In Peru, native tribes like the Matsigenka have a not-so-secret weapon that improves concentration, hand-eye coordination, and visual acuity while also healing wounds in an environment that facilitates infection. The substance is a sedge grass called piri-piri (no relation to the delicious Portuguese chicken sauce) and its cultural importance is nearly impossible to overstate, which makes its eventual export seem inevitable.

Hunters chew piri-piri when targeting particularly quick or elusive prey, like spider monkeys. Though anthropologists long credited Amazonians enthusiasm for the stuff to the placebo effect, more research has shown that the substance has very real effects. So what exactly is it and why hasn’t it been culturally appropriated by legions of millennials already? Eager to find out, Inverse spoke to Glenn Shepard, an ethnobotanist, medical anthropologist, and filmmaker who has studied (and ingested) the substance.

He’s a fan.

A Peruvian hunter takes aim. Hunters chew piri-piri to give them an edge against quick prey, like spider monkeys.

What is piri-piri traditionally used for?

It’s used for everything. There are dozens of uses: hunting, love charms, charms to change behavior, to sing better, to protect from enemies, to treat wounds, for fertility, as [birth control], to treat arrow wounds and snake bites. The tendency is to dismiss that as superstition — ‘Oh, they use it for 20 different things, sometimes even opposite things, to have children and also to not have children.’

But there’s actually good science behind most or even all of these effects, right? How does that work?

Piri-piri is in the same family, the same genus as papyrus. And that is a family that, everywhere else in the world, is not used for medicine or known for its medicinal components. But what’s going on here [has to do with] ergot. Ergot is a fungus that grows on rye grain. In the Middle Ages, it would contaminate bread and cause gangrene. It would cause spontaneous abortions. It increases uterine contractions and constricts blood vessels. It causes hallucinations. There’s a theory that the Salem witch trials happened because of ergot-[induced] visions.

In [the States] it’s called rye grass. Cattle ranchers in Texas hate it. So rye grass, sedge grass, naturally has a little bit of ergot in its root. When cattle eat it, they go crazy, they get dizzy, they drown, break their legs. The three main effects of ergot are that it constricts blood vessels, causes abortions, uterine contractions, and it’s psychoactive. So with snake bites and arrow wounds, it constricts so the venom can’t enter the bloodstream, and you don’t bleed. Vasoconstriction increases concentration [of hunters] at the moment of the kill. Ethnobotanists ignored a lot of it as superstition, but the uses are actually very coherent with the properties of ergot.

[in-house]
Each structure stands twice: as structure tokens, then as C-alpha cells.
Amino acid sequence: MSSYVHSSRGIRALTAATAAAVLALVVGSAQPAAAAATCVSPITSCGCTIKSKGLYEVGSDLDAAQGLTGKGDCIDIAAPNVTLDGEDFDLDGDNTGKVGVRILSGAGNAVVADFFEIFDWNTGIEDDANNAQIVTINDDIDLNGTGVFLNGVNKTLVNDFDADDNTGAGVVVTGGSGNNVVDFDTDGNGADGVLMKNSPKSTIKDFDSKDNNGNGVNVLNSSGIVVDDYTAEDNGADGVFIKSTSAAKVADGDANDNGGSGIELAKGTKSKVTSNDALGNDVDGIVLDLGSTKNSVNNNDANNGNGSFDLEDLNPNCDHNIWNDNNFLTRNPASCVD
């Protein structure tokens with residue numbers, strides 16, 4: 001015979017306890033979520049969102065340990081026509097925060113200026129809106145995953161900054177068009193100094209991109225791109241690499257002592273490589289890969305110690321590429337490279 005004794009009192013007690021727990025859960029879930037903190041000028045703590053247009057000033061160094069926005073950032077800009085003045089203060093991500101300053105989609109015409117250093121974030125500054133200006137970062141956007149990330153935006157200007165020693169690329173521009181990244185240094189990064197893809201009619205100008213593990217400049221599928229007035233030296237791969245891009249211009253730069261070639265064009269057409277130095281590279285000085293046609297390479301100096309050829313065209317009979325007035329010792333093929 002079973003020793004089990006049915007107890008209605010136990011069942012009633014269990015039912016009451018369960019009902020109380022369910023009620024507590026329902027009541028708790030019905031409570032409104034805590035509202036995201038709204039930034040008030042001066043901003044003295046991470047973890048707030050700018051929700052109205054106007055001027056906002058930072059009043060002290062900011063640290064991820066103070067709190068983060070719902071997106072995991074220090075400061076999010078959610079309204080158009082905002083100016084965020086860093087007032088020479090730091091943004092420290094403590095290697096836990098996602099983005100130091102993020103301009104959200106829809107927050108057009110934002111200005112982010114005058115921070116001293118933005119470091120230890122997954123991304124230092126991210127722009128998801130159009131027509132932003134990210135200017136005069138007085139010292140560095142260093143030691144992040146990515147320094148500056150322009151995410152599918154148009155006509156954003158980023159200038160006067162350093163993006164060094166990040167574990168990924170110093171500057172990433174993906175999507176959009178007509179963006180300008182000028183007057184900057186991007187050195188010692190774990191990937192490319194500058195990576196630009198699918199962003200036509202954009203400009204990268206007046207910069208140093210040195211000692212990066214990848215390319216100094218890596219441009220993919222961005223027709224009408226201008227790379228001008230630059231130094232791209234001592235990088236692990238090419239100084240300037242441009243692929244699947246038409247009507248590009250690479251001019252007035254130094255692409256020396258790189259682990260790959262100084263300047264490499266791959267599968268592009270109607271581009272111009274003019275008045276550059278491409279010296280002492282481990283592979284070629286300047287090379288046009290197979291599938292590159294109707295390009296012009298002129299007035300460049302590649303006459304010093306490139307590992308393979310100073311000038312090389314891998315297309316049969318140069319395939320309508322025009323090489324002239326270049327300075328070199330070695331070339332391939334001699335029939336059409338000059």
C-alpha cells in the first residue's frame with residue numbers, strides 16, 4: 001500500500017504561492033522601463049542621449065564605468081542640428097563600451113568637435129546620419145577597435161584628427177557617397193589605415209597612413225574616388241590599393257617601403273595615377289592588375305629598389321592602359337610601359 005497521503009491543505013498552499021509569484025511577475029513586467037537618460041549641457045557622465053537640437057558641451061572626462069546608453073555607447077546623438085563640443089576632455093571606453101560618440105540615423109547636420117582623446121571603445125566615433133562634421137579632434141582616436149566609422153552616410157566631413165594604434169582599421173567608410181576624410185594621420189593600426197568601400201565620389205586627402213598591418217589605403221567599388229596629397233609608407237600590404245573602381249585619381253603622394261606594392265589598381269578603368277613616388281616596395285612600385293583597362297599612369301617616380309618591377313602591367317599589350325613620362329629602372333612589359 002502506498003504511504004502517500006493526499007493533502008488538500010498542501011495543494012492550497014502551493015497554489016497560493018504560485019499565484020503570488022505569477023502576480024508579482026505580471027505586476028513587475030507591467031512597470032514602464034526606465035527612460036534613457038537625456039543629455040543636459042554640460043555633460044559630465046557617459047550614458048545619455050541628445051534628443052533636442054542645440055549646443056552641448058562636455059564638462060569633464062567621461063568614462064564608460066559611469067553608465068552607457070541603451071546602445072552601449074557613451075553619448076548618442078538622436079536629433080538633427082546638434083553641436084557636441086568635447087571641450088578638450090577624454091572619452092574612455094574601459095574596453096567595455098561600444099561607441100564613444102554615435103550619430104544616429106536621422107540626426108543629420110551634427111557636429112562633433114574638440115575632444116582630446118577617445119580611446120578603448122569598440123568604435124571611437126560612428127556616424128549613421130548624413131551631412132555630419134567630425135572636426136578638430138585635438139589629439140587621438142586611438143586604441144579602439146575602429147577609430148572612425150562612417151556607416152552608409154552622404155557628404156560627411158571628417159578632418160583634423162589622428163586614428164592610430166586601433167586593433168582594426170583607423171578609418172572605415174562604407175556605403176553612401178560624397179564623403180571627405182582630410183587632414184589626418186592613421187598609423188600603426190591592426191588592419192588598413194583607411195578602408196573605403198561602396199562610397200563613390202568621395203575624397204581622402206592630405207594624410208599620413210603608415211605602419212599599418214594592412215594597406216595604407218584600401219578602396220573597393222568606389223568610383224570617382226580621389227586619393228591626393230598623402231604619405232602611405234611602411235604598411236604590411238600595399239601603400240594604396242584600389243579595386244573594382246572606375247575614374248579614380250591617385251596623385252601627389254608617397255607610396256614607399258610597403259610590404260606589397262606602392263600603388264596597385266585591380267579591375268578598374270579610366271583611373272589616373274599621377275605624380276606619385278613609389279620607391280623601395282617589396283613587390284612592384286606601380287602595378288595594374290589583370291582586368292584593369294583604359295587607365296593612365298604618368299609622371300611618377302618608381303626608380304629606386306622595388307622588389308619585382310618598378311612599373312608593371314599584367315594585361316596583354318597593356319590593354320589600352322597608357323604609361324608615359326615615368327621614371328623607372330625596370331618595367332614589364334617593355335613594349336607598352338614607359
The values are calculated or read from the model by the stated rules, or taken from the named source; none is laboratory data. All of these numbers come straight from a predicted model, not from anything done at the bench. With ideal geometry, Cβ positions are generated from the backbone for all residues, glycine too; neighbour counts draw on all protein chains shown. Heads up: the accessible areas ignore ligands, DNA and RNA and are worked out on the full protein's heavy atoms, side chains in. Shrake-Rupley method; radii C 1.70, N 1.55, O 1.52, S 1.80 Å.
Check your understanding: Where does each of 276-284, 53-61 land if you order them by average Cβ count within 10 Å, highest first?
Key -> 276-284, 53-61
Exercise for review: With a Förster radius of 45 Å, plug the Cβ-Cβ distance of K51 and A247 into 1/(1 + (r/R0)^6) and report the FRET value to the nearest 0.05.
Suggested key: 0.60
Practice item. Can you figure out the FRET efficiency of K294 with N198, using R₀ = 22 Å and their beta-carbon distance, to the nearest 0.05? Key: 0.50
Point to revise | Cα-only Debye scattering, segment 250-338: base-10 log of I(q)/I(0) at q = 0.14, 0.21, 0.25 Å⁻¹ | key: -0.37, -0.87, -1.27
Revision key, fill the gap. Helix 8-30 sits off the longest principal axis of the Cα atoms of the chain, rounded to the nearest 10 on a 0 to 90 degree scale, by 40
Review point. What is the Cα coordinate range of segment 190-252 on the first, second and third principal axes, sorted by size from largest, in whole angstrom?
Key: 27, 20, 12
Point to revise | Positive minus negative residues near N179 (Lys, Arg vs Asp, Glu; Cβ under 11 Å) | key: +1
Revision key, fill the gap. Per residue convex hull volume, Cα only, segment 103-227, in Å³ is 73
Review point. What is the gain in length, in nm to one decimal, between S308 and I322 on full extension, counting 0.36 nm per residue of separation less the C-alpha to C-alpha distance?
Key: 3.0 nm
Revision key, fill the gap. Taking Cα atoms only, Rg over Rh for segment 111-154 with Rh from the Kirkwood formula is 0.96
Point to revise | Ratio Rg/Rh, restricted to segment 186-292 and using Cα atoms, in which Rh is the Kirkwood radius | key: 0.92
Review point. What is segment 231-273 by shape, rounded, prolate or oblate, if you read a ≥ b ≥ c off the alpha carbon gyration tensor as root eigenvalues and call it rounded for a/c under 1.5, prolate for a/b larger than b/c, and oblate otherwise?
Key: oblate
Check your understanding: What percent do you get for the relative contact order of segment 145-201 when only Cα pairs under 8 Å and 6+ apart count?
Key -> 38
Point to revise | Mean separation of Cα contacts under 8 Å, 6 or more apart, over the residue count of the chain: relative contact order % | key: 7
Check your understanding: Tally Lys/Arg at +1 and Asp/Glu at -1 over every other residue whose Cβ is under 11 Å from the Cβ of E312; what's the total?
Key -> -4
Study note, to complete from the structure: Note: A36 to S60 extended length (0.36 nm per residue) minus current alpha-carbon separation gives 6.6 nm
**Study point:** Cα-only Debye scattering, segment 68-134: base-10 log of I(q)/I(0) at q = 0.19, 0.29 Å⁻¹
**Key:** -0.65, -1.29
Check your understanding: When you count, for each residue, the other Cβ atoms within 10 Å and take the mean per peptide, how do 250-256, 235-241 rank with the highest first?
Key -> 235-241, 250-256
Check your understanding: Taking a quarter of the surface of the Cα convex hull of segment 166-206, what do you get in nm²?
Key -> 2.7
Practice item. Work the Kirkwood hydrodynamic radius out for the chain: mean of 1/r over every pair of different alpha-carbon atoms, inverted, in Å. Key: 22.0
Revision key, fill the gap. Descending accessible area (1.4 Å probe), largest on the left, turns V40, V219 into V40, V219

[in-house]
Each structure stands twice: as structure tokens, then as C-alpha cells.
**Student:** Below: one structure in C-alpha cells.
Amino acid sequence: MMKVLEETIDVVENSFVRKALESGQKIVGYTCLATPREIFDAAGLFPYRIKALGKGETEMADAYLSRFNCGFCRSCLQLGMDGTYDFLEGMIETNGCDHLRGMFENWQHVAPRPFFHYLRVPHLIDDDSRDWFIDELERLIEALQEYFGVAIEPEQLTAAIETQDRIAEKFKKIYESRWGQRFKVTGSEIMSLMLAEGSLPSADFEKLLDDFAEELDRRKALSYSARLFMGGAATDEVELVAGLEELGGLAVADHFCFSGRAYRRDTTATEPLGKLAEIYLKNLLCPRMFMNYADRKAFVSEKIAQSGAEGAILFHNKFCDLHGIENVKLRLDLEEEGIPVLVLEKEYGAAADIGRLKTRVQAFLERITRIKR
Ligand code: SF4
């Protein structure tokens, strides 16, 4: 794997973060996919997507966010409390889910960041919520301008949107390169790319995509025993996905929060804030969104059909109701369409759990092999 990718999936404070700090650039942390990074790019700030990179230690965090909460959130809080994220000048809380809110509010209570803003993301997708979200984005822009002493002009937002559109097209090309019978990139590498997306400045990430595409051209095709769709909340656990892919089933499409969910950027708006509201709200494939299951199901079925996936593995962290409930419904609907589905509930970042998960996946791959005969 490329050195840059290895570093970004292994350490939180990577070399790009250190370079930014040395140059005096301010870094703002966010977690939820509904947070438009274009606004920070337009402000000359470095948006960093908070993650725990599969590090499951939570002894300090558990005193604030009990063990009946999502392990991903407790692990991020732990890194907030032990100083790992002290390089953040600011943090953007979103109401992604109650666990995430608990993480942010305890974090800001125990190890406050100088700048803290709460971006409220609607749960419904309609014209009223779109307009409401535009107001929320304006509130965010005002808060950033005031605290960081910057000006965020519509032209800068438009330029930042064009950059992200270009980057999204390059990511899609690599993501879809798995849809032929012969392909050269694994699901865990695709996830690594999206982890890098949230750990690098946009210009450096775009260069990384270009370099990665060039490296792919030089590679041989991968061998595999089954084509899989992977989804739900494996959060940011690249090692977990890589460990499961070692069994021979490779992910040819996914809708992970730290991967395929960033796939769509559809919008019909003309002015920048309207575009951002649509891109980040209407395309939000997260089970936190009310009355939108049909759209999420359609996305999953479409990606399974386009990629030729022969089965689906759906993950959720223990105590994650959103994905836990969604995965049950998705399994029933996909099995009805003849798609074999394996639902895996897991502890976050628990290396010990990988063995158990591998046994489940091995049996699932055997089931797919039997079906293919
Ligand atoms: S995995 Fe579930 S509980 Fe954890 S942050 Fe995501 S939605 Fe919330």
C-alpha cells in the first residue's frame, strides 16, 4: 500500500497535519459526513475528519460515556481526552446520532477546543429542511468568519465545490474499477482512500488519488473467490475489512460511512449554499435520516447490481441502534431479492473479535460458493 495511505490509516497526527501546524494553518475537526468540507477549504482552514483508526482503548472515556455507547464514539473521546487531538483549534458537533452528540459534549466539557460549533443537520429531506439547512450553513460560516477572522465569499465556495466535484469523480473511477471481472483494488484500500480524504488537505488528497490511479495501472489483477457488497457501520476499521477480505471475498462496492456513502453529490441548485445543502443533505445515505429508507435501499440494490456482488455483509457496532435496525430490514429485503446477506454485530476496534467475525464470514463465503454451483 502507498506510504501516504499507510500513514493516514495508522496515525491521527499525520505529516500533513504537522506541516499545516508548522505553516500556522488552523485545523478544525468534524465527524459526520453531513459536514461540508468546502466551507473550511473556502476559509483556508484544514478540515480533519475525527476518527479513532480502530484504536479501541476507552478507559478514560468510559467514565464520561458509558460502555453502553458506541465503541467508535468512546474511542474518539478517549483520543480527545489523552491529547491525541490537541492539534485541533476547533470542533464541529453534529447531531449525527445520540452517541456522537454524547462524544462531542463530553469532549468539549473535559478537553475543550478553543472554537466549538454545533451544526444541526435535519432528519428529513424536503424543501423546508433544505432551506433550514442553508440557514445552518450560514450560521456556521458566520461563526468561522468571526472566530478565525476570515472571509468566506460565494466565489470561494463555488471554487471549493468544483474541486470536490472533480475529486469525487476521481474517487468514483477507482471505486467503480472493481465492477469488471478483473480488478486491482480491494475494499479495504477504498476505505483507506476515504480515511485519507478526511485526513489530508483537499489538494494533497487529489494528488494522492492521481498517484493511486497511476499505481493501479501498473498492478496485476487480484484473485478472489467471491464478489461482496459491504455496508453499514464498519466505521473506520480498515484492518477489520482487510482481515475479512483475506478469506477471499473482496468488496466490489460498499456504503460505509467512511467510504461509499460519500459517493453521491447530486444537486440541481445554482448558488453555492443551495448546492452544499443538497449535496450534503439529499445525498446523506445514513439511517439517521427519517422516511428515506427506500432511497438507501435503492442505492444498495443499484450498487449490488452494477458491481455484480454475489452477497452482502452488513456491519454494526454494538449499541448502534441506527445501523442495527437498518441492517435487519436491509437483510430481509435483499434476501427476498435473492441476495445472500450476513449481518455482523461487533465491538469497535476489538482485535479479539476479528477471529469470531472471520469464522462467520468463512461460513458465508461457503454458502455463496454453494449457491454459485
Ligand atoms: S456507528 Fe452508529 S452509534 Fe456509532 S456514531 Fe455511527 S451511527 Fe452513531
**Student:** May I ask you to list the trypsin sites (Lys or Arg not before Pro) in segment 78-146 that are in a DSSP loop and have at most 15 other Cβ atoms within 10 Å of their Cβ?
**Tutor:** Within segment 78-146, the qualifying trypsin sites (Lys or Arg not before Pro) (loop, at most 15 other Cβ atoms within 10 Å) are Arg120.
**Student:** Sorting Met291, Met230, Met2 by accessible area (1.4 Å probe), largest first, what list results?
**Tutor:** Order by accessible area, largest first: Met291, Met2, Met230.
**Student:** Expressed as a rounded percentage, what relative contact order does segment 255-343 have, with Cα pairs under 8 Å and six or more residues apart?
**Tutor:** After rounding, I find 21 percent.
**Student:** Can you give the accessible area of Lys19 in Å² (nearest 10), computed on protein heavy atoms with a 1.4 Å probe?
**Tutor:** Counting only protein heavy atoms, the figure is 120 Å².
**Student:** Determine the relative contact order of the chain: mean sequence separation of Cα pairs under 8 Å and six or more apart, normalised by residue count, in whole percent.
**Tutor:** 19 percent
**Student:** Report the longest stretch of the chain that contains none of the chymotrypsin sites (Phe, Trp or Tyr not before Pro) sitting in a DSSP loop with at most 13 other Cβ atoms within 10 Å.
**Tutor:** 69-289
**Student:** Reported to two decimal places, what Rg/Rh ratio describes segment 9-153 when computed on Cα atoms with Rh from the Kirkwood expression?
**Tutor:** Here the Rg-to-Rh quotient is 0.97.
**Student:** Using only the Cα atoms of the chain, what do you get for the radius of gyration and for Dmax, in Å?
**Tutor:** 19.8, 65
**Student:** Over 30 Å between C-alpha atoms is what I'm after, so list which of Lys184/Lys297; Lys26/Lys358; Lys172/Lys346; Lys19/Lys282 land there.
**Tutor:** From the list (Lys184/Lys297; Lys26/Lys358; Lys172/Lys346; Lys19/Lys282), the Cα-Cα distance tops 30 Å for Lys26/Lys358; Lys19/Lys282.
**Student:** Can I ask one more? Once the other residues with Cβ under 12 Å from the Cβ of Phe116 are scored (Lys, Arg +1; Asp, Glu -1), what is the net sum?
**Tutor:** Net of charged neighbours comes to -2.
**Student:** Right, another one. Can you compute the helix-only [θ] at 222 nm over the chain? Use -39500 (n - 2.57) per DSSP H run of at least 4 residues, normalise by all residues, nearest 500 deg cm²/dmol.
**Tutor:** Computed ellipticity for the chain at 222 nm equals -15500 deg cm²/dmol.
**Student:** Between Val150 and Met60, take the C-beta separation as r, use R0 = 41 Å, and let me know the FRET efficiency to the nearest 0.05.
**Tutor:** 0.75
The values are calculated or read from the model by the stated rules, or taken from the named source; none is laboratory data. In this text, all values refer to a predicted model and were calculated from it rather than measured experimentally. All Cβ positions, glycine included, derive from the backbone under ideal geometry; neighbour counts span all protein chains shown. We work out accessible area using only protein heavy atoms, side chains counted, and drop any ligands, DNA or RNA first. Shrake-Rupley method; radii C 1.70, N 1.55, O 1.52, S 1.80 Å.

Okay, but what about the singing?

It’s about confidence. Women take a certain strain of piri-piri to be able to spin cotton really really fine — it gives that extra concentration. There’s a variety for hunting fish, a variety for [hunting] monkeys, one for cotton, one to calm a guy who’s a mean drunk, one to put children to sleep

How do they engineer it in this manner?

What indigenous people in South America use, it’s not actually the plant. The plant is primitive. But the sedge grass is used as a matrix for growing ergot. By planting the root over and over, they’ve selected for higher and higher concentrations of ergot fungus, to the point where the plant doesn’t even reproduce on its own anymore. When you look at piri-piri, the flower’s gone; you can’t even identify it botanically anymore. So they just keep cloning it from these bulbs.

People can use it as eye drops, right? How do they normally take it?

For hunting, they chew it right before they take the shot. It’s a really fast response like that. They chew and spit it out. They also spit it onto the wound or affected area. For babies, they put it in a pot of warm water and let it soak, and then you bathe people with that. You can put it in the eyes, but its usually chewed or put straight onto the skin.

Is it possible to overdose on it?

There are varieties they talk about where they say if you eat if you’ll go crazy forever. They’ll say this variety cures insanity or makes you become a fearless warrior — so fearless you can actually end up killing yourself. Piri-piri has no long-term bad effects, but ergot itself is very toxic.

You’ve taken it — can you describe the experience?

When I took it for a headache, the headache went away instantly. And then I found that I could juggle really, really well. There’s that slight psychoactive effect that makes you focused and increases hand-eye coordination. It’s not like you’re seeing fractal rainbows; it’s subtle. I was just sort of messing around and then I thought, ‘Wow, I’m juggling better than I’ve ever juggled before.’ It heightened my senses, made everything clearer and crisper, my perception was enhanced. It wasn’t super powerful, but it definitely heightened things. It was intense focus for about 15 minutes.

Is it commercially available? Do you ever see it used outside the kinds of traditional contexts we talked about?

Not [in the States]. In Brazil, there’s a cosmetic company; it’s used as a perfume there. They powder it and mix it with patchouli. There’s a body oil, there’s a beer.

This interview has been edited for brevity and clarity.

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